Friday, April 15, 2005

Case Study: Deadbeat Politics in Galesburg, Illinois

This is an extremely lengthy, resource filled article. I advise, if these issues are pertinent to you, to visit the site and read the article in full.

Excerpts below:

Politicians in Galesburg, Illinois think they have a plan to be a “demonstration county” for Illinois child support enforcement. Knox County State's Attorney Paul Mangieri and Judge Harry Bulkeley plan to lock up poor men behind on child support payments from Friday evening until Monday morning.

What a marvelous idea. Make it impossible for poor men to be fathers (so they cannot parent their children), and turn them into workaholics for the state. This is in addition to seizing any and all assets, taking away driver’s, business, and professional licenses so men cannot work or get to work, and inventing child support tables that pretend the father has no living expenses of his own.

Galesburg is a small town of 33,000, surrounded by expanses of cornfields.. Maytag, the largest union employer in the entire area, closed its plant in October, 2002 leaving over 1600 workers unemployed. The jobs were relocated to a Maytag plant in Reynosa, Mexico. The total ripple-through job loss is approximately 4,166 jobs. The impact on the area is devastating, especially because there is no other major employer in the area.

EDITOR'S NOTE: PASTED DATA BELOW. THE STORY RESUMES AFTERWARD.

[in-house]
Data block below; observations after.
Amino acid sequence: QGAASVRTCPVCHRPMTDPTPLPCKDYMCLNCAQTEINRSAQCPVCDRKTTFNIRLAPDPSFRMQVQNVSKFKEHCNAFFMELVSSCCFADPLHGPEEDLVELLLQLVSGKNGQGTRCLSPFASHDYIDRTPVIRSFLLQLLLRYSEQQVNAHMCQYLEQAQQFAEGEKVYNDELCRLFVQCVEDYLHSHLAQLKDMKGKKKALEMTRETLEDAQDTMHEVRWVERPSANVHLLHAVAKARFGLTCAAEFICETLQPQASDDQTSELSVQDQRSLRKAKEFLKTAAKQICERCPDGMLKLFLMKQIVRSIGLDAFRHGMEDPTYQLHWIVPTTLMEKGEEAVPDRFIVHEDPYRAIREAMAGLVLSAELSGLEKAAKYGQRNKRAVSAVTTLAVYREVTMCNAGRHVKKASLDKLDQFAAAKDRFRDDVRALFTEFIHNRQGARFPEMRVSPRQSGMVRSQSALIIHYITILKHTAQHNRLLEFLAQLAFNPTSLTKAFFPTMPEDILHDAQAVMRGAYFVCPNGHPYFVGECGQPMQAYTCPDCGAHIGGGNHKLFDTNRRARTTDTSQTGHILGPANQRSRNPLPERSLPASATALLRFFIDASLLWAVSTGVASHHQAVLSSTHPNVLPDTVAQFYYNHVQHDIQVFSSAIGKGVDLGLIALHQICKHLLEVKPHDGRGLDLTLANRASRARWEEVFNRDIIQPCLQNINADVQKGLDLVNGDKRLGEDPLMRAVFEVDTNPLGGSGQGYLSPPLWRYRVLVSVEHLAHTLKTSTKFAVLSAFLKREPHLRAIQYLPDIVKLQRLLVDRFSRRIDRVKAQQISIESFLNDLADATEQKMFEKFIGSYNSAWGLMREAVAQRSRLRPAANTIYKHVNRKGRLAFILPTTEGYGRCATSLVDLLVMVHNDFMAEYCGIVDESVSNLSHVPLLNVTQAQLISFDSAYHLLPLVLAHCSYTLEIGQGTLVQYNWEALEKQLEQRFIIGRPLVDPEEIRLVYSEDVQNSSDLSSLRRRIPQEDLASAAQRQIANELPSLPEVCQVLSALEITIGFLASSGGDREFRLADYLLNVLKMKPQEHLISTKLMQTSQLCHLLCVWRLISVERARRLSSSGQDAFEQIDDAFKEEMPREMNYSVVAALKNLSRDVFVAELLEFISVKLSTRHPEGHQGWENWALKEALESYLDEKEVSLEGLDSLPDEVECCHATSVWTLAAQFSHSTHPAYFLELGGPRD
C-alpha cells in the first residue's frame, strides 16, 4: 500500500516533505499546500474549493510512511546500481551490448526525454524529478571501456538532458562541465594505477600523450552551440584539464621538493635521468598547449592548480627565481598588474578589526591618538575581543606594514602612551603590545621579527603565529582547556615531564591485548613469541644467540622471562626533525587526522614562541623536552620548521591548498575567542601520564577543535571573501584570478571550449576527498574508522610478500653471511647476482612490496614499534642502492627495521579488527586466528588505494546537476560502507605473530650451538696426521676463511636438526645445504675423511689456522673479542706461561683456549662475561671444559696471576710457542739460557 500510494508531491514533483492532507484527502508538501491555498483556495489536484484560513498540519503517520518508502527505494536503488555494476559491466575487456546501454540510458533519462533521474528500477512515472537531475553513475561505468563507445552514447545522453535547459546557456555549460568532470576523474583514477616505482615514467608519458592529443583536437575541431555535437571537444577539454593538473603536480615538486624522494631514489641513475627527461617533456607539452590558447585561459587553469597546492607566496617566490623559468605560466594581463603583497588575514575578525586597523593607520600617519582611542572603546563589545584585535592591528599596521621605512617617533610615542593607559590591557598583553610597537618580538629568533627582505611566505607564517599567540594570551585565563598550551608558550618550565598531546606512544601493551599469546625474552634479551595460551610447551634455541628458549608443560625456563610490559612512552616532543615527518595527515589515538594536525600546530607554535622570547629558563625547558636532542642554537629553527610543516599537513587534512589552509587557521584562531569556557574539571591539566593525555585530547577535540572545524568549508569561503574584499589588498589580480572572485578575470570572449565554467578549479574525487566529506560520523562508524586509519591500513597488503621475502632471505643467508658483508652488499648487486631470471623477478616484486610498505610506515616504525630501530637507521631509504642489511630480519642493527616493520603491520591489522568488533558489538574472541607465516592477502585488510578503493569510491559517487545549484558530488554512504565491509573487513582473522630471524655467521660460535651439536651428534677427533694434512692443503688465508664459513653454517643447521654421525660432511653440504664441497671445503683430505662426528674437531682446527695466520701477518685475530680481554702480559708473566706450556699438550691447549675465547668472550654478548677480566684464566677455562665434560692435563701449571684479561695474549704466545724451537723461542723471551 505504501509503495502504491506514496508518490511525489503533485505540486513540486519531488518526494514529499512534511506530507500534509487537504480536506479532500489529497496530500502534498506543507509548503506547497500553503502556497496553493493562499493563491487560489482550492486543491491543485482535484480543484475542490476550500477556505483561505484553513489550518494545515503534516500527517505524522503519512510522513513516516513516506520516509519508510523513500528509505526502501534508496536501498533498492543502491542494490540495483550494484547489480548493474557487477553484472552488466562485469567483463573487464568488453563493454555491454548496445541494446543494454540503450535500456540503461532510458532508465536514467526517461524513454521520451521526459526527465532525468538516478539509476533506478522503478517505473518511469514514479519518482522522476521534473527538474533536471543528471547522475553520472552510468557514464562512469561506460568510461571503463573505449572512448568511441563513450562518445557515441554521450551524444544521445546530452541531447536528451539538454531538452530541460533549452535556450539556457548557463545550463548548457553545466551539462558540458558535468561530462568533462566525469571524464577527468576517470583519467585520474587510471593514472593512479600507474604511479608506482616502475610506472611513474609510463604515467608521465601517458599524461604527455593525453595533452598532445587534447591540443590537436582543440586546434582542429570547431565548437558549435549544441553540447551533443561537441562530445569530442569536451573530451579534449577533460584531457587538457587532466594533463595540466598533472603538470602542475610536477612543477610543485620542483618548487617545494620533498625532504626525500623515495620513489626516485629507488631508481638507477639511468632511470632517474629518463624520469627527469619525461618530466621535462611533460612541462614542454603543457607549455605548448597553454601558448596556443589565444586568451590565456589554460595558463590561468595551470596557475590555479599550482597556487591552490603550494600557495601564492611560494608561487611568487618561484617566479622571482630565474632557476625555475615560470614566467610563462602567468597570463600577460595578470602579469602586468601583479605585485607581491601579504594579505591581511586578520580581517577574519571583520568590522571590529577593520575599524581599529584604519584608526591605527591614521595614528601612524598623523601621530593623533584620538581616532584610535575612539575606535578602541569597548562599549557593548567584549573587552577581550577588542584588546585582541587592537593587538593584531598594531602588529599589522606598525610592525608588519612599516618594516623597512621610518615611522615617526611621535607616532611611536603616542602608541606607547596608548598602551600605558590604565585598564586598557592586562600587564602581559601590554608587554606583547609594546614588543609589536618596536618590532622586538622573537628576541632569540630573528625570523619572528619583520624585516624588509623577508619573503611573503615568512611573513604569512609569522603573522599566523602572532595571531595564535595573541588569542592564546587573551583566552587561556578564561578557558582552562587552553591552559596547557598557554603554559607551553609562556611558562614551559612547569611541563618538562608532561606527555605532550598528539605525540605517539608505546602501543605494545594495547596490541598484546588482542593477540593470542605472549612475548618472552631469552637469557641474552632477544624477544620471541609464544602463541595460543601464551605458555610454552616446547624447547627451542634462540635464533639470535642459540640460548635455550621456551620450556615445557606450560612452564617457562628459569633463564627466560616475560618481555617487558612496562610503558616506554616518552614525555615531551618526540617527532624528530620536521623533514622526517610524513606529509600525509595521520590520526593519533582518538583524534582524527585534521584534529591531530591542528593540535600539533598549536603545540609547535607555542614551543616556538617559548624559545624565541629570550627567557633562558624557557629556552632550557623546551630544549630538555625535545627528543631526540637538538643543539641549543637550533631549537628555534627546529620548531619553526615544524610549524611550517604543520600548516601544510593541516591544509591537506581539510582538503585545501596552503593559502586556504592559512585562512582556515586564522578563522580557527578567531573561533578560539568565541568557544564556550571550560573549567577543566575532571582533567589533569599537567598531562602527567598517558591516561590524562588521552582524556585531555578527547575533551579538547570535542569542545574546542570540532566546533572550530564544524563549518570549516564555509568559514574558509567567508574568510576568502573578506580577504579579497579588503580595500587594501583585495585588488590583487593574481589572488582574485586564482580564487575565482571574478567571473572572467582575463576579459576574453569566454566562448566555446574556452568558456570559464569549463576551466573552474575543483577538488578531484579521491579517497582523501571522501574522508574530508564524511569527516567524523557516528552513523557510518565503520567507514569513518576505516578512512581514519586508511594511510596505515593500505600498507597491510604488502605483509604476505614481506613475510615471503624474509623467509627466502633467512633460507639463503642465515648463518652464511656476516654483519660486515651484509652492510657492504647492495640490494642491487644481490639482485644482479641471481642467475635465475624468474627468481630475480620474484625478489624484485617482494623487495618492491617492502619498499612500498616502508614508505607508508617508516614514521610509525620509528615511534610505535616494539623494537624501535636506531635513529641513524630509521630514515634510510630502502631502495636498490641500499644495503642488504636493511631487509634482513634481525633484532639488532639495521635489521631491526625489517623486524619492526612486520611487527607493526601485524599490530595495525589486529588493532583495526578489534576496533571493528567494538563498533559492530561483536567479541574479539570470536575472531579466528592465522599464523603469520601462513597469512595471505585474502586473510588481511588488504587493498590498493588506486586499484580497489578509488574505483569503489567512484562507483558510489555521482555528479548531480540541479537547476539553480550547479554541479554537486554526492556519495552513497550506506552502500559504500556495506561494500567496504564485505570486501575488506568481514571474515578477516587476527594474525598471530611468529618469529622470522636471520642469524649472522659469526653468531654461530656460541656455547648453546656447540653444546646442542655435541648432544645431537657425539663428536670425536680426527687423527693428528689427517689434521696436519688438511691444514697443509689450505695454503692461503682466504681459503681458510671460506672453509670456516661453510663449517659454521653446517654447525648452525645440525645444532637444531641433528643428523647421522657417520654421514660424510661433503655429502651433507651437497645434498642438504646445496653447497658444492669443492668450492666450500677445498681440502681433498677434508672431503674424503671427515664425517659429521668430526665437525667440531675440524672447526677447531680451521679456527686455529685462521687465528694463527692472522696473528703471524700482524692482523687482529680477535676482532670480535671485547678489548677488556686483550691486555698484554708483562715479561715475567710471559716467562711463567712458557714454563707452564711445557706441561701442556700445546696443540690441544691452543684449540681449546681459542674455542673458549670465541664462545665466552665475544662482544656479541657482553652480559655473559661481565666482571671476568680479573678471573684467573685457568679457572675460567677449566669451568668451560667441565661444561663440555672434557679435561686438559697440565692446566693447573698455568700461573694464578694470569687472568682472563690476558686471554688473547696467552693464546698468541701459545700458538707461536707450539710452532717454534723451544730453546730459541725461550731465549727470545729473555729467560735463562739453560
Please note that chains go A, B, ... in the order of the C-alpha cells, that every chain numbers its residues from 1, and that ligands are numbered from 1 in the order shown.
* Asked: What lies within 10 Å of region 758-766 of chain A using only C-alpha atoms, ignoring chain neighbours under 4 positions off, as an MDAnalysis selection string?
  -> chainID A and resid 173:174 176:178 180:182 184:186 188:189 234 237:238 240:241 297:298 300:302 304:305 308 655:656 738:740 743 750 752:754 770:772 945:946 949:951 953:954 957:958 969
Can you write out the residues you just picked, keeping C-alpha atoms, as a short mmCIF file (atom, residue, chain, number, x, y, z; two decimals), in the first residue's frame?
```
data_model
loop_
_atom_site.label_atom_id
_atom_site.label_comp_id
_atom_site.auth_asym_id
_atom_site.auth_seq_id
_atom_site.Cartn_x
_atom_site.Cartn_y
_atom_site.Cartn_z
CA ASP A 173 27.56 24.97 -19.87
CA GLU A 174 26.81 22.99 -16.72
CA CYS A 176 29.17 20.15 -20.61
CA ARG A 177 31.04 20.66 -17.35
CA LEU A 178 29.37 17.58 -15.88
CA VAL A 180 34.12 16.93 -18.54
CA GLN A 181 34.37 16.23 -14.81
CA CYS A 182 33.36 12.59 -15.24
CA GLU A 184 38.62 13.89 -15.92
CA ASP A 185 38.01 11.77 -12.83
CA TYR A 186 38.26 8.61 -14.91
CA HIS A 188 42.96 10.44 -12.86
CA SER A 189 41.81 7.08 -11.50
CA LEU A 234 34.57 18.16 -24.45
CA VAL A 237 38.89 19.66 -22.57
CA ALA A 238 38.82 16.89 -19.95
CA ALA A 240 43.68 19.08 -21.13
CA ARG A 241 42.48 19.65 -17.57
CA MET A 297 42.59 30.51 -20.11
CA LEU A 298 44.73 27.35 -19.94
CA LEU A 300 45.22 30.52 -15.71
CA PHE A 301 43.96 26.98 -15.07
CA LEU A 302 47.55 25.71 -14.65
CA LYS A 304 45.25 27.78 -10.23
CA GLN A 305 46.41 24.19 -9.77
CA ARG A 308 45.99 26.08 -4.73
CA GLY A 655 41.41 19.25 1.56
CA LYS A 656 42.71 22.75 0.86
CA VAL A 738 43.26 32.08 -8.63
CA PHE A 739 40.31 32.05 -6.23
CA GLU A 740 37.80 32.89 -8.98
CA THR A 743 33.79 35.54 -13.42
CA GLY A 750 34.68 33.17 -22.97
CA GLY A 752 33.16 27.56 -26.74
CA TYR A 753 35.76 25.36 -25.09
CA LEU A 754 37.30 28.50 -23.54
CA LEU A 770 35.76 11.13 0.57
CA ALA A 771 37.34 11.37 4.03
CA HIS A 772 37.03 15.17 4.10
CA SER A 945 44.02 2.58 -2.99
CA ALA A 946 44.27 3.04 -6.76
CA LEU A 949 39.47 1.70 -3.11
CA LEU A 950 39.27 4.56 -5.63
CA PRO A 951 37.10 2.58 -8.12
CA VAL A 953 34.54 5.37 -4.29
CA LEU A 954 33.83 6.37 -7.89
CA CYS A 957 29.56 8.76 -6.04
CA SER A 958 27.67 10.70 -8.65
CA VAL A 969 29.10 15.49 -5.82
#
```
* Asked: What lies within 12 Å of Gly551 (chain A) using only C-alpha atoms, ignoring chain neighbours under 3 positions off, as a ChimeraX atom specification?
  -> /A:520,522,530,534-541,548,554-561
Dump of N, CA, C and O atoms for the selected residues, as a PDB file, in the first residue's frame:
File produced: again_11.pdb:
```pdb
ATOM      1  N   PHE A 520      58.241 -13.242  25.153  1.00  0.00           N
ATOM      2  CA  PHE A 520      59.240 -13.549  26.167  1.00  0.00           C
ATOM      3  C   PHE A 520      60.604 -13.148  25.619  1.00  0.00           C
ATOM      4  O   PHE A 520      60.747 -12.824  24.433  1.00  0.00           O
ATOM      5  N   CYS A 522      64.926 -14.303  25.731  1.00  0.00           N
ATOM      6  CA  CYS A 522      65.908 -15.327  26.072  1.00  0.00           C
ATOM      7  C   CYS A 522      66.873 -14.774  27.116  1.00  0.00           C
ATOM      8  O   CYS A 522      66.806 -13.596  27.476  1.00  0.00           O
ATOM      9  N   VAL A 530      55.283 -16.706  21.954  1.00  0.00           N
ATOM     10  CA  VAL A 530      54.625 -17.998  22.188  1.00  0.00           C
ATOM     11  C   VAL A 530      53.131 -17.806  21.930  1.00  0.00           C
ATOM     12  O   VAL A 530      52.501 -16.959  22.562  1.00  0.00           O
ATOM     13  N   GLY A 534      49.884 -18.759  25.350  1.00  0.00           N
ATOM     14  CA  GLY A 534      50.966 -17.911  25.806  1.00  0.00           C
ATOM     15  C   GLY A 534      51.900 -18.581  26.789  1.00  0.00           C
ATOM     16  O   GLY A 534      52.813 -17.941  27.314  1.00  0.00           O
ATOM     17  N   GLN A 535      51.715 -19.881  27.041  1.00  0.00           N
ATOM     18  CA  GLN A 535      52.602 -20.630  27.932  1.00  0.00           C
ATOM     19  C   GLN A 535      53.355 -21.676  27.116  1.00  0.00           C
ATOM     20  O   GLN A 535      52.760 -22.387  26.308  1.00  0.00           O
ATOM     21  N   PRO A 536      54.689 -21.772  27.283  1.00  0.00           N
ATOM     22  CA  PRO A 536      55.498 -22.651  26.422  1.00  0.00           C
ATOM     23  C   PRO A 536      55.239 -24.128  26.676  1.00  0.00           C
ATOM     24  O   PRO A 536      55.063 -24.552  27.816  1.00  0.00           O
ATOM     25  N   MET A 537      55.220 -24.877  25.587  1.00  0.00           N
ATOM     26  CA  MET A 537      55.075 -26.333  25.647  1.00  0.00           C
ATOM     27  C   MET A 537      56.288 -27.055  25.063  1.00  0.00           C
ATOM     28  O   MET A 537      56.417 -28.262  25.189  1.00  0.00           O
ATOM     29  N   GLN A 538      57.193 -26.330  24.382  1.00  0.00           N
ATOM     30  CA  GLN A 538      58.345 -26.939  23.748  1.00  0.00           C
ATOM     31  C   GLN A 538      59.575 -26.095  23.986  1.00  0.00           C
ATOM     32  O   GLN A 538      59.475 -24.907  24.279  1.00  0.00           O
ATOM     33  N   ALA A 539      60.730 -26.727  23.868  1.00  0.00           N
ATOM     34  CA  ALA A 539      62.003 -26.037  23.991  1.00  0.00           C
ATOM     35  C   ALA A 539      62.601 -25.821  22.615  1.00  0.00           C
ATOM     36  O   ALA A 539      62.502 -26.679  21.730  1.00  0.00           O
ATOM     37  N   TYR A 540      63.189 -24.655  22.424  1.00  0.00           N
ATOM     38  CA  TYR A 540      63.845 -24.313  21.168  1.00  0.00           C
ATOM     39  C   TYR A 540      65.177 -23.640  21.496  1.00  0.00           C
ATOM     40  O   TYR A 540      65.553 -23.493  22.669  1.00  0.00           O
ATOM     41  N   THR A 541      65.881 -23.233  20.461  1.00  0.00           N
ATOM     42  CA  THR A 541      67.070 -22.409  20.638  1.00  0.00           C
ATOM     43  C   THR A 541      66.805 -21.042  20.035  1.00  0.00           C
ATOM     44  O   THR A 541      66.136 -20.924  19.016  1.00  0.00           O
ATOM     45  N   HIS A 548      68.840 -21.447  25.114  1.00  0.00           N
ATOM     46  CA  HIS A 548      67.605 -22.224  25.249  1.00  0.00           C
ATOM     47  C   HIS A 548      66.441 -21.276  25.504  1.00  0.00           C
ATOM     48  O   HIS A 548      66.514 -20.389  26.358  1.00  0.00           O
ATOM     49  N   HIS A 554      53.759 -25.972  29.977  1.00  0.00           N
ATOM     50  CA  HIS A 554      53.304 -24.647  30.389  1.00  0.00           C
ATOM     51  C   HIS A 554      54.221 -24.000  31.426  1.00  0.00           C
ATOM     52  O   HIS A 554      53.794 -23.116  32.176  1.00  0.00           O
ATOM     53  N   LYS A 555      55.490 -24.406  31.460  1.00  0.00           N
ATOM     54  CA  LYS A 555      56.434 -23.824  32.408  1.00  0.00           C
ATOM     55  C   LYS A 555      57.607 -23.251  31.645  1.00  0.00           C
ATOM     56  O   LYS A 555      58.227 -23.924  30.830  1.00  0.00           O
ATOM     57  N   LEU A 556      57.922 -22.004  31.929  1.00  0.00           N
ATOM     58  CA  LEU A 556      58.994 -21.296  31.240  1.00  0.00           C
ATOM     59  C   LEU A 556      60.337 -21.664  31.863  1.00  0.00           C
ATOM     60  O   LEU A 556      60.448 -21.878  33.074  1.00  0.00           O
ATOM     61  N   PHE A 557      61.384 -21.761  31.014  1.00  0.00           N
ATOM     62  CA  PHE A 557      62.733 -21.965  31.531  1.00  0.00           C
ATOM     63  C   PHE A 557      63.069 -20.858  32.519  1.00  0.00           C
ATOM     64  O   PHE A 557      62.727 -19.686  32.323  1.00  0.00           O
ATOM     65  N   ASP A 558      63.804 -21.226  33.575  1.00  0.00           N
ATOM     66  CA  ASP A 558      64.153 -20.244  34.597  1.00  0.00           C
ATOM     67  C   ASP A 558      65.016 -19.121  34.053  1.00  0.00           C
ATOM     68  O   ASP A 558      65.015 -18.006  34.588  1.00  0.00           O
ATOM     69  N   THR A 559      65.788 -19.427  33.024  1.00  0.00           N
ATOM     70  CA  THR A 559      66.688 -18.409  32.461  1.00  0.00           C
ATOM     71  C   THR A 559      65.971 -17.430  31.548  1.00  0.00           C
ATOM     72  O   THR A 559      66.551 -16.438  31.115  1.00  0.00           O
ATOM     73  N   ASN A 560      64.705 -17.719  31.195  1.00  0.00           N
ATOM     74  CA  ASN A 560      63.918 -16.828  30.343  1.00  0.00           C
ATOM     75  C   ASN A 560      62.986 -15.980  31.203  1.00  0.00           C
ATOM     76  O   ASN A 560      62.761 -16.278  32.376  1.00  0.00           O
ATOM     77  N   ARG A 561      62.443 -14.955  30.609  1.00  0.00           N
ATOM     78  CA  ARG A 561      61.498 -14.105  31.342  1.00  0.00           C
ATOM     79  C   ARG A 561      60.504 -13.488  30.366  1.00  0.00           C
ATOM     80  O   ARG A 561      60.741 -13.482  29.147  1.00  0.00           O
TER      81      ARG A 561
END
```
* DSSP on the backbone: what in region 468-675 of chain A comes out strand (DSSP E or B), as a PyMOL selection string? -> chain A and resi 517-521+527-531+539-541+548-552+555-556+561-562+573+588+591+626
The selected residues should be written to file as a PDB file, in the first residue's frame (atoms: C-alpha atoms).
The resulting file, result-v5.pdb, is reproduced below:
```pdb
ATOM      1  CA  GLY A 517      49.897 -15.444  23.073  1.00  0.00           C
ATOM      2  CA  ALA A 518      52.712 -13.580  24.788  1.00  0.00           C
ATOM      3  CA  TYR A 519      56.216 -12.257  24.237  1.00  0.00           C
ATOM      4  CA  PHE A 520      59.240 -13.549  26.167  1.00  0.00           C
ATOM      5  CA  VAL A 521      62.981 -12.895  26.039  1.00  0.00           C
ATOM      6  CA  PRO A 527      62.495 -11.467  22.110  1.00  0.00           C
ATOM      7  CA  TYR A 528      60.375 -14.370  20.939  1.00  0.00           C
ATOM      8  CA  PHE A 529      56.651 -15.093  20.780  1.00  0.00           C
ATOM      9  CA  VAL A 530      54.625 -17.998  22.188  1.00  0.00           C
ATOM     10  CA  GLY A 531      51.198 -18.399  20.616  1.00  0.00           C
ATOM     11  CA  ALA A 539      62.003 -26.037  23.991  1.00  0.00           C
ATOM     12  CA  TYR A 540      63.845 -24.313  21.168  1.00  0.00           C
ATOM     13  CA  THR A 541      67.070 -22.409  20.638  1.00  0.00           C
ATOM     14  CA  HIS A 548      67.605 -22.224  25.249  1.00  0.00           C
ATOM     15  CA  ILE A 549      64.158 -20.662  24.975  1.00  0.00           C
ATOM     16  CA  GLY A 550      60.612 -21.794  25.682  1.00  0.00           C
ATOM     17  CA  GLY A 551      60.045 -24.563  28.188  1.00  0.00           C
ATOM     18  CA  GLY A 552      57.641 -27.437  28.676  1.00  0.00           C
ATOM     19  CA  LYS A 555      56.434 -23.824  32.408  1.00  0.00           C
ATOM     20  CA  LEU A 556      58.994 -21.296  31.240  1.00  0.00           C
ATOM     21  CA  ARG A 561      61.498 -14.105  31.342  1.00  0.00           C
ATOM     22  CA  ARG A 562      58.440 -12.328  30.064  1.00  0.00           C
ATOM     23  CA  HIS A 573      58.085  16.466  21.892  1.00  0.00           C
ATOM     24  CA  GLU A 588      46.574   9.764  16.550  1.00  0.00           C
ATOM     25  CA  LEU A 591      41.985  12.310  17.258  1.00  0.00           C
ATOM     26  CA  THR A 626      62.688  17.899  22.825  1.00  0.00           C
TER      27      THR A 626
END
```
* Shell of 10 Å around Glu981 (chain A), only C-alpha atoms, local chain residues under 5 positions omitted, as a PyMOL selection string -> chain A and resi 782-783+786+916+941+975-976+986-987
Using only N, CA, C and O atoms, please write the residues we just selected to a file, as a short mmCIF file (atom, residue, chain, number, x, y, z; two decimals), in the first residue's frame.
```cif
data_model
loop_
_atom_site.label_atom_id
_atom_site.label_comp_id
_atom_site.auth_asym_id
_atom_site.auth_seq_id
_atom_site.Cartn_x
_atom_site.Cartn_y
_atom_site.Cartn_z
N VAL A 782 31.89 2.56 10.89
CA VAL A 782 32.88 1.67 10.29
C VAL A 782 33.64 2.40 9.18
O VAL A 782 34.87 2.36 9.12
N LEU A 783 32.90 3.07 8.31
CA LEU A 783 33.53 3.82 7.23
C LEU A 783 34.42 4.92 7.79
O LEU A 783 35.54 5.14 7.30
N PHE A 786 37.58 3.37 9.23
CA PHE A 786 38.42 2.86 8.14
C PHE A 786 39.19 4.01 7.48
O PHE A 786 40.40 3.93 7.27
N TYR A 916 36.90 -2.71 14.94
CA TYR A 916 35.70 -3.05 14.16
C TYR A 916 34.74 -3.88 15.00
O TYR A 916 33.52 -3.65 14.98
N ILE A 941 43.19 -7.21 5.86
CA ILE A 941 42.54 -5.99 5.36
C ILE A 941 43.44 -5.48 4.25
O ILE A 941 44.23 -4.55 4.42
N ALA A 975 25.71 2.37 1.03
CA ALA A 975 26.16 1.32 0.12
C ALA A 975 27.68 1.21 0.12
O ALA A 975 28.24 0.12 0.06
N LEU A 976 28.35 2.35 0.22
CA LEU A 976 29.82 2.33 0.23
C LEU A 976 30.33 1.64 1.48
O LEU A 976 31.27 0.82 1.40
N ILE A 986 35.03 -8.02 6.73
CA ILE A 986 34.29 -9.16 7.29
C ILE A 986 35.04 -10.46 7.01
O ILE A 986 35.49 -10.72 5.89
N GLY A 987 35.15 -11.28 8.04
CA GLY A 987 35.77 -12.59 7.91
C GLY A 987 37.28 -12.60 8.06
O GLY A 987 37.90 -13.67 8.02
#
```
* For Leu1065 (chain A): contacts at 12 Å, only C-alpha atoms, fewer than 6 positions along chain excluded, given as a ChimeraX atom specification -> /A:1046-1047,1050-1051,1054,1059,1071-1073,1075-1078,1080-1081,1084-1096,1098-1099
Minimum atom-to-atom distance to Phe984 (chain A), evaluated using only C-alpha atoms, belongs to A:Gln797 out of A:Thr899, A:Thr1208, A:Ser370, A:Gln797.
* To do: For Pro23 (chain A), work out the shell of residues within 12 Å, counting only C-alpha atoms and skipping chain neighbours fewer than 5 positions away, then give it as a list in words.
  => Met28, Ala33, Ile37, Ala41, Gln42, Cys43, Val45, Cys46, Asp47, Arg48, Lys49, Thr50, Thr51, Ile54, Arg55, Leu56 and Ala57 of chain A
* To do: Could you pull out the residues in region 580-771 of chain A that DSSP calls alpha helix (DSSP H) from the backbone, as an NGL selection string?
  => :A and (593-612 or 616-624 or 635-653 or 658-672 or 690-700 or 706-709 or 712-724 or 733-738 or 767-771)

Every divorced father who lost his job in Galesburg as a result of the Maytag closure, but has been unable to find equivalent employment, or has been unable to get his child support modified downward immediately, has become a slave and guarantor to the welfare state and the global economy.

The Galesburg Register-Mail’s recent article “Lack of support” makes my major points for me (as quoted from their article in italics below). Bureaucrats know exactly what they are doing to insulate the state from the welfare problem it created via no-fault divorce, poor economic policy, and trying to end poverty by forcing chain-gang policies on the poor:

Illinois uses a private contractor to enforce child support, but does not provide any equivalent, easily accessible services to the non-custodial parent.

There also is a reluctance to reduce child support orders on the assumption that incomes will eventually improve. But in the meantime arrearages accumulate. According to U.S. census data. only 4 percent of noncustodial fathers who were paying child support under an order received downward adjustment when their earnings felt by more than 15 percent between one year and the next.

Now here is the clincher: Phyllis Schlafly recently pointed out that even our military reservists called into active duty in Iraq are being turned into deadbeat dads. Even they cannot get their child support modified! Missouri is the only state protecting reservists, in a law I conceived and got passed in 1991 when we initiated the first war in Iraq.

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